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Inventing the Mathematician
Gender, Race, and Our Cultural Understanding of Mathematics
Inventing the Mathematician
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Sara N. Hottinger - Author
Price: $75.00 
Hardcover - 215 pages
Release Date: March 2016
ISBN10: N/A
ISBN13: 978-1-4384-6009-3

Quantity:  
Price: $20.95 
Paperback - 215 pages
Release Date: January 2017
ISBN10: N/A
ISBN13: 978-1-4384-6010-9

Quantity:  
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Summary Read First Chapter image missing

Considers how our ideas about mathematics shape our individual and cultural relationship to the field.

Where and how do we, as a culture, get our ideas about mathematics and about who can engage with mathematical knowledge? Sara N. Hottinger uses a cultural studies approach to address how our ideas about mathematics shape our individual and cultural relationship to the field. She considers four locations in which representations of mathematics contribute to our cultural understanding of mathematics: mathematics textbooks, the history of mathematics, portraits of mathematicians, and the field of ethnomathematics. Hottinger examines how these discourses shape mathematical subjectivity by limiting the way some groups—including women and people of color—are able to see themselves as practitioners of math. Inventing the Mathematician provides a blueprint for how to engage in a deconstructive project, revealing the limited and problematic nature of the normative construction of mathematical subjectivity.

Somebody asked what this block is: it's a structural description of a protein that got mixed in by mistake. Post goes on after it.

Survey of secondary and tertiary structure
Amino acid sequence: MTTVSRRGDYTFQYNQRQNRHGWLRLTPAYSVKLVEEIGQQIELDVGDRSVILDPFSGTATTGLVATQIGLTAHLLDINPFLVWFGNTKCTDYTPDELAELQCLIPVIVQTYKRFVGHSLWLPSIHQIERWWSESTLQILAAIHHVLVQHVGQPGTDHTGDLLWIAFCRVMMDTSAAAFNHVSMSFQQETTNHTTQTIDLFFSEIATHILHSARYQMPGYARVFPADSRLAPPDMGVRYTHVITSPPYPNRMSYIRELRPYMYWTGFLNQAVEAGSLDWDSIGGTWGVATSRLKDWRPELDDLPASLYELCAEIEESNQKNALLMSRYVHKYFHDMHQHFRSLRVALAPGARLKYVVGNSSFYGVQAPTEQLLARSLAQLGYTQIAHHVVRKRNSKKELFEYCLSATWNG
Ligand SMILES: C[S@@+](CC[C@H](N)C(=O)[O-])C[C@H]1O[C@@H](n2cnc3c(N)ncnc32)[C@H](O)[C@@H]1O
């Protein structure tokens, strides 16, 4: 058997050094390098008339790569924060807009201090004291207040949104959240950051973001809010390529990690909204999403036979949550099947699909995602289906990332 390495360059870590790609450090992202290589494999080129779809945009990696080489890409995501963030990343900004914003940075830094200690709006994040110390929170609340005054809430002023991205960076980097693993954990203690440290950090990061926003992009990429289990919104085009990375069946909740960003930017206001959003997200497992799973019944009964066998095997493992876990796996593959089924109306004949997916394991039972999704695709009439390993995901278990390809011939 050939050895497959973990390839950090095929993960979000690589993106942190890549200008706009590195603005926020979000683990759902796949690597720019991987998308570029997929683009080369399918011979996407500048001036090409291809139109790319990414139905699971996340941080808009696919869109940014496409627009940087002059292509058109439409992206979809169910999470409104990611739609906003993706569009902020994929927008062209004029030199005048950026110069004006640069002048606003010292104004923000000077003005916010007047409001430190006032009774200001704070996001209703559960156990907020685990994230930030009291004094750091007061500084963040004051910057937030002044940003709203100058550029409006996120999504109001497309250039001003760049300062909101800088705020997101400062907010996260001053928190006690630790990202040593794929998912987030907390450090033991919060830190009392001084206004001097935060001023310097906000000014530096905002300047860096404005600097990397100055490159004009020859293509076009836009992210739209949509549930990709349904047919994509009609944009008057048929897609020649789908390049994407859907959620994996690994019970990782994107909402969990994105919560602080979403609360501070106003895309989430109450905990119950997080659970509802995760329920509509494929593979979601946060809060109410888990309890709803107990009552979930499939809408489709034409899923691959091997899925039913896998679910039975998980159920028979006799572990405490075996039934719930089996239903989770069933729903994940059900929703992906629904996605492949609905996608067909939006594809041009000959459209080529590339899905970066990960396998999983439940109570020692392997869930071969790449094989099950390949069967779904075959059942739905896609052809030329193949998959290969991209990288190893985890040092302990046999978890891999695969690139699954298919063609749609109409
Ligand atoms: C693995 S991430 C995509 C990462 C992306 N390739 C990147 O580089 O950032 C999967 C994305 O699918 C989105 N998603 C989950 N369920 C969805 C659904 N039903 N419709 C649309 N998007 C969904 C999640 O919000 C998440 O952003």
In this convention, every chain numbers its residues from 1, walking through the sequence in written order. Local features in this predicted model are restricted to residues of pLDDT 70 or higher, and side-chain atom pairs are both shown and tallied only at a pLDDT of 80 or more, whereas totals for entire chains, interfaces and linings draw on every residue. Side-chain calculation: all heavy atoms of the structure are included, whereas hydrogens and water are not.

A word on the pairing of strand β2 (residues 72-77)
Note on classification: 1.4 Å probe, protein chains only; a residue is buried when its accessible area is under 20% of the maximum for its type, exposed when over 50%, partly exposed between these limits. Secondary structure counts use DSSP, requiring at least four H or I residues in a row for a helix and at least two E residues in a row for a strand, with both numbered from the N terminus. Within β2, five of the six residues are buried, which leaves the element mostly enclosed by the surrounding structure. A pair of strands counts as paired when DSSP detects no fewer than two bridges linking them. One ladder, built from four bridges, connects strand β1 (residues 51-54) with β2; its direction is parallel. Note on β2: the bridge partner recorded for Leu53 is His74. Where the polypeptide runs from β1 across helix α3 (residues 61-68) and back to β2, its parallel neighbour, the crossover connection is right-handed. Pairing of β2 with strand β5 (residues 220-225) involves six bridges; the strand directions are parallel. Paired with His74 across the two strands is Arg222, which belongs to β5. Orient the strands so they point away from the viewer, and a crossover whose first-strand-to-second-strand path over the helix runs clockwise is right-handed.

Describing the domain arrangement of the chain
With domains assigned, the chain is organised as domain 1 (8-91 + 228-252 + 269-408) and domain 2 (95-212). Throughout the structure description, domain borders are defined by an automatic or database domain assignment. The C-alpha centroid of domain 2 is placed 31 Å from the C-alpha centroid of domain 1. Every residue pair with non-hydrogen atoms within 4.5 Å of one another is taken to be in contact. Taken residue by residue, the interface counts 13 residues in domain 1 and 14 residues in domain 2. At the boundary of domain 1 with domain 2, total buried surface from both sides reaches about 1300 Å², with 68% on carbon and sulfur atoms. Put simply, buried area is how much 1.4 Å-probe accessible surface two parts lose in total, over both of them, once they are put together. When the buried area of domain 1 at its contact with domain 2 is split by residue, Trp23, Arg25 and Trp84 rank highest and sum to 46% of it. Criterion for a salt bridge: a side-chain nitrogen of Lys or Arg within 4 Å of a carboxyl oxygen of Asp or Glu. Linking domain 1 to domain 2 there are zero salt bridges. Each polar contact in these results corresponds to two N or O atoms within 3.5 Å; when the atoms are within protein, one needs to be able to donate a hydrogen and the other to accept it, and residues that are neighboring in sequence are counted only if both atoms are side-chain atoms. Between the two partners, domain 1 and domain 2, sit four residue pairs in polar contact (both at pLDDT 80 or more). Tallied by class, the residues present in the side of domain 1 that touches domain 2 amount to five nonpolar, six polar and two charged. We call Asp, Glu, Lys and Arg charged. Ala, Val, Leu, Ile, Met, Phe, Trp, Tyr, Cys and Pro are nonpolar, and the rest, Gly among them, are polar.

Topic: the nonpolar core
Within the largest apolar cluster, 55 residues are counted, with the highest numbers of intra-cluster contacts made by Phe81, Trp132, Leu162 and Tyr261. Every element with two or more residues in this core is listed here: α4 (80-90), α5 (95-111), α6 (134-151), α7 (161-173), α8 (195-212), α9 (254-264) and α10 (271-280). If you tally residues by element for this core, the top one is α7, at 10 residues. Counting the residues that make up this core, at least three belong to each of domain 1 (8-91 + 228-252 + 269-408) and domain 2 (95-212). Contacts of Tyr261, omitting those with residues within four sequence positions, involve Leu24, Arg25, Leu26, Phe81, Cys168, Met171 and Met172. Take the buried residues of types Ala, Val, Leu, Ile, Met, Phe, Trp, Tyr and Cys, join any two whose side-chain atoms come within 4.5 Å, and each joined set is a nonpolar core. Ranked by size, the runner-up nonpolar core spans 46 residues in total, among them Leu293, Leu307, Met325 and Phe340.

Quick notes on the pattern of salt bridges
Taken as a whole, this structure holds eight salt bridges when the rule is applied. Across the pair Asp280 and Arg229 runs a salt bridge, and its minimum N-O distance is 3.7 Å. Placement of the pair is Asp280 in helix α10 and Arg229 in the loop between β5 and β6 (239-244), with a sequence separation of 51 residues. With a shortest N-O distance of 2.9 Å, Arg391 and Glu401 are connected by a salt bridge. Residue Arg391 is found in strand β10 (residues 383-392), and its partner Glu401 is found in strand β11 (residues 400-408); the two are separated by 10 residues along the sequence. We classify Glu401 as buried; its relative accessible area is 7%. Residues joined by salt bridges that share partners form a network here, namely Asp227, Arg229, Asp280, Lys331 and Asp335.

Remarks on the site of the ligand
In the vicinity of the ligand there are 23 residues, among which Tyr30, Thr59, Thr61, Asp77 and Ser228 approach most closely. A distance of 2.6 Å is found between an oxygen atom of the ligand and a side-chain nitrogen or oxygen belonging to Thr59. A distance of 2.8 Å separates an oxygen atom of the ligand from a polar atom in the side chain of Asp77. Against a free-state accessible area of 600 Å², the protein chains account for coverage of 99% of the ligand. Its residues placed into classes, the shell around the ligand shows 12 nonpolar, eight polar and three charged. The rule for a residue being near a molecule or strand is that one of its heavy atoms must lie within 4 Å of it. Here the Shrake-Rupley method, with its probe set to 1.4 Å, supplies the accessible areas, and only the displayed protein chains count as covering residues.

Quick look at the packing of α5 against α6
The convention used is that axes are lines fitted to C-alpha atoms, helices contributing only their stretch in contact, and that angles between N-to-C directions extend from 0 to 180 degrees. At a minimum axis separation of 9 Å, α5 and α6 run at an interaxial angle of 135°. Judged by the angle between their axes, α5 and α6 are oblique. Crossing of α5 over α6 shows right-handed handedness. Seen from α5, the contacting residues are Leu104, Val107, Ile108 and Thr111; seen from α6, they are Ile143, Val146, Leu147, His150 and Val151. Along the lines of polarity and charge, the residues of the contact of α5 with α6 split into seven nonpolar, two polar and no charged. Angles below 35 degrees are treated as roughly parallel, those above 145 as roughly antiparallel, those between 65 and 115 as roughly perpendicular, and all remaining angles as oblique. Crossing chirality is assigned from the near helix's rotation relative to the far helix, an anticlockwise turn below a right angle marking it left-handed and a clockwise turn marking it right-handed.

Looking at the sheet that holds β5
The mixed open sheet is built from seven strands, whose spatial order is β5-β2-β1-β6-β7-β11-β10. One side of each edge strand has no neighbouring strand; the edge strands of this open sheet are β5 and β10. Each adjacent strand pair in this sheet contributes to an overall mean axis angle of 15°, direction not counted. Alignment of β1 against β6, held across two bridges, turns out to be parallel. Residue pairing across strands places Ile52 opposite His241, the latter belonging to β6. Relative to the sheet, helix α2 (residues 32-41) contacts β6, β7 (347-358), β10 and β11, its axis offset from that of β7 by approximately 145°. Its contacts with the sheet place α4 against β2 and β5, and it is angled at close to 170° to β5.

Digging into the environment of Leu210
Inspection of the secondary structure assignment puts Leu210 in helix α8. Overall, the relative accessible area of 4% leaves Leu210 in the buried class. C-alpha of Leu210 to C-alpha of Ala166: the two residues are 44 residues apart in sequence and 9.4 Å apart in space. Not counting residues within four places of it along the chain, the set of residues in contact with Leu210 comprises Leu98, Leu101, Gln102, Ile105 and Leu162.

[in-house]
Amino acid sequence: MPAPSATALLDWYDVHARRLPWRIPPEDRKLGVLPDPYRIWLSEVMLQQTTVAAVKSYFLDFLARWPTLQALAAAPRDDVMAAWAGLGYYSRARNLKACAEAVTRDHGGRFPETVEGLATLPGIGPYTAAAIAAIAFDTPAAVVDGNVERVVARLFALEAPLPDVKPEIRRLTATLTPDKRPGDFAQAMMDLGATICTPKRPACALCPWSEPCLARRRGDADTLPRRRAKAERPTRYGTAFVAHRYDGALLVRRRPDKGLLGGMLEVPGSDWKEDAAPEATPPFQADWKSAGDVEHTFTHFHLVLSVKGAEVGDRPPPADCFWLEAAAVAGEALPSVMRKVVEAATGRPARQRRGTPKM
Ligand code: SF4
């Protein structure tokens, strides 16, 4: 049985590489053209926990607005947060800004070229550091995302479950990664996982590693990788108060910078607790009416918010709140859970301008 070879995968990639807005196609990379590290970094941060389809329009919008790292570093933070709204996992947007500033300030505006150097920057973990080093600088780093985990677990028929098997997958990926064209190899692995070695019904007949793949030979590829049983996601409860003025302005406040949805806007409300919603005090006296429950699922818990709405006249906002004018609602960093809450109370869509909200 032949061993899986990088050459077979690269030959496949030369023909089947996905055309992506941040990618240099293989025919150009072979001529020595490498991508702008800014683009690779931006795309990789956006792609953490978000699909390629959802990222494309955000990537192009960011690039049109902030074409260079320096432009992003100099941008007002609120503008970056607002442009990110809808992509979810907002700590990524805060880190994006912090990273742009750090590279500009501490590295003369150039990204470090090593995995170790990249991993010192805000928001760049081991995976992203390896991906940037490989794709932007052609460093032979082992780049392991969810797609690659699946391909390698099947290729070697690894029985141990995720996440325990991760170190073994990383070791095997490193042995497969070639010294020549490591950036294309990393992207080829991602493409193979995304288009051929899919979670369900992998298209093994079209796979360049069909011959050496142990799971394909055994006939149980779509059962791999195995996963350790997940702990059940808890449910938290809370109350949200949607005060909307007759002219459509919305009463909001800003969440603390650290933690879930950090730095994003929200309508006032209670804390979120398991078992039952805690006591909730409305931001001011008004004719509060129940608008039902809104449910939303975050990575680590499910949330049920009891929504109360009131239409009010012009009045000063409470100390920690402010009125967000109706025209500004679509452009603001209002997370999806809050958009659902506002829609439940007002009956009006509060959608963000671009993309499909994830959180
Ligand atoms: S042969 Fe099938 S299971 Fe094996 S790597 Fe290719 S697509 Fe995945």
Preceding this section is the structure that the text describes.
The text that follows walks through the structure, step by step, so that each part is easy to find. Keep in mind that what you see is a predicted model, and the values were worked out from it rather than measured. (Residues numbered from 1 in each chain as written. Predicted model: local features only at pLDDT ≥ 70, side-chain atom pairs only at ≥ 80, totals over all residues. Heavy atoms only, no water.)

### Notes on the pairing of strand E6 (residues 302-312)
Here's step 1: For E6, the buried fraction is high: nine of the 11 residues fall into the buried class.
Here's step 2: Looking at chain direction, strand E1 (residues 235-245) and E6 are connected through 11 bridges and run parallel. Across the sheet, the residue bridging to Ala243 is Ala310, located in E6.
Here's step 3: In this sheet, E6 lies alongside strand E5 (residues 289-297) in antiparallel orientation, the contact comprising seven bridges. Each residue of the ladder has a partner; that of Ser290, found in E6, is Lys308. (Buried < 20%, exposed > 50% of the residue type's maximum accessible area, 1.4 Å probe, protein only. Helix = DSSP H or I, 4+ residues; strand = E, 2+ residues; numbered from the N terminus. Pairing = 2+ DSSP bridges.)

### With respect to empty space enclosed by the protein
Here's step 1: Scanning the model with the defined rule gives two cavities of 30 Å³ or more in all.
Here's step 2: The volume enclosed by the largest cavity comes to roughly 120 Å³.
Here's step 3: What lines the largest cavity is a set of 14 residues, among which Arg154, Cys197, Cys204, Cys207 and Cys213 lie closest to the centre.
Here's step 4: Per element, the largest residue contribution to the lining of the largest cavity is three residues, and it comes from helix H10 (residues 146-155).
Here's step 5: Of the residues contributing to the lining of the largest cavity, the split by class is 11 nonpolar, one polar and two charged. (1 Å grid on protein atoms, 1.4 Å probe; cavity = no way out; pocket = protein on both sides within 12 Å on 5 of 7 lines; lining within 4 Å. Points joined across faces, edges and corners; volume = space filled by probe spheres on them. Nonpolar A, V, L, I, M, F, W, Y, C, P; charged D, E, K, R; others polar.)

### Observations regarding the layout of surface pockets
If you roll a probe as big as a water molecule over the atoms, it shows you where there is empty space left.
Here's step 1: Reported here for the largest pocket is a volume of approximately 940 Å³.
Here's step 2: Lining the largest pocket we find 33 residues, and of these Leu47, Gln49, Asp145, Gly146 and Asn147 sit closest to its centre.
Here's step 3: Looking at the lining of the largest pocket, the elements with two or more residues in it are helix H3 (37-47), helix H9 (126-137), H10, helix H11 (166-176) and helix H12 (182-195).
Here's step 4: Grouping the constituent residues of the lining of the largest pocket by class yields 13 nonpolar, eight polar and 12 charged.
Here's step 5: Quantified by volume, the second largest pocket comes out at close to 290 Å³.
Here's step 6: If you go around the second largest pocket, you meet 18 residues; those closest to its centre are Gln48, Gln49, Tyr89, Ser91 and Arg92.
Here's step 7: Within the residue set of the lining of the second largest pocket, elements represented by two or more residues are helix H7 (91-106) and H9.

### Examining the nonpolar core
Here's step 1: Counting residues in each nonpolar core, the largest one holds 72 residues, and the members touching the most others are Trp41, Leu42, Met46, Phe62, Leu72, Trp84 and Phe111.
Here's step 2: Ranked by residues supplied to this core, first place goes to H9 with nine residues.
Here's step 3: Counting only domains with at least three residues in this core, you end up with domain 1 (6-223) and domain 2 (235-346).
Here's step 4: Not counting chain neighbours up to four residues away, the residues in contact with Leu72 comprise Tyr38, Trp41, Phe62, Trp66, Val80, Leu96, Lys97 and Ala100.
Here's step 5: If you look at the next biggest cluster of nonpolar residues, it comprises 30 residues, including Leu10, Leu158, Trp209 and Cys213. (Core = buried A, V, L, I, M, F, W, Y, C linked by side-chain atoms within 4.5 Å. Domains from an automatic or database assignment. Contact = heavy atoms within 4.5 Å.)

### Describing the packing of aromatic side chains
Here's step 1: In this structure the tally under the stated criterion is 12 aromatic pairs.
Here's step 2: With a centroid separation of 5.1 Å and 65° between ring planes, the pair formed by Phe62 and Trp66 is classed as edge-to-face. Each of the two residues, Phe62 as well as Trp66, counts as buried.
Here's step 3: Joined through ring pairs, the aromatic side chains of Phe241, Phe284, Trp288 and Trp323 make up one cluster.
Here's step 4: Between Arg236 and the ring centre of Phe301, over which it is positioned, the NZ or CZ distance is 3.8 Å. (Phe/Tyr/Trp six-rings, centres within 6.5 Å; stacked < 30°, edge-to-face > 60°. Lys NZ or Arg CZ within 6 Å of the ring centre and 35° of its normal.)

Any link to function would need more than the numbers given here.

“[Hottinger’s] approach is scholarly but also informed by an unusual (but in some ways common) personal story: she considered becoming a mathematician before ultimately pursuing a career in women’s studies. The result is a highly readable book that might just change math haters’ minds about math (and, perhaps, make some math lovers more open to critical approaches to the field).” — Inside Higher Ed

“This text fills a great void … a welcome addition.” — CHOICE

Sara N. Hottinger is Professor of Women’s and Gender Studies at Keene State College.


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Table of Contents

List of Illustrations
Acknowledgments

1. Introduction

2. The Discursive Construction of Gendered Subjectivity in Mathematics

3. Mathematical Subjectivity in Historical Accounts

4. The Role of Portraiture in Constructing a Normative Mathematical Subjectivity

5. The Ethnomathematical Other

6. Conclusion

Notes
Bibliography
Index


Related Subjects
4-6009-3/4-6010-9(BB/RM/KRS)

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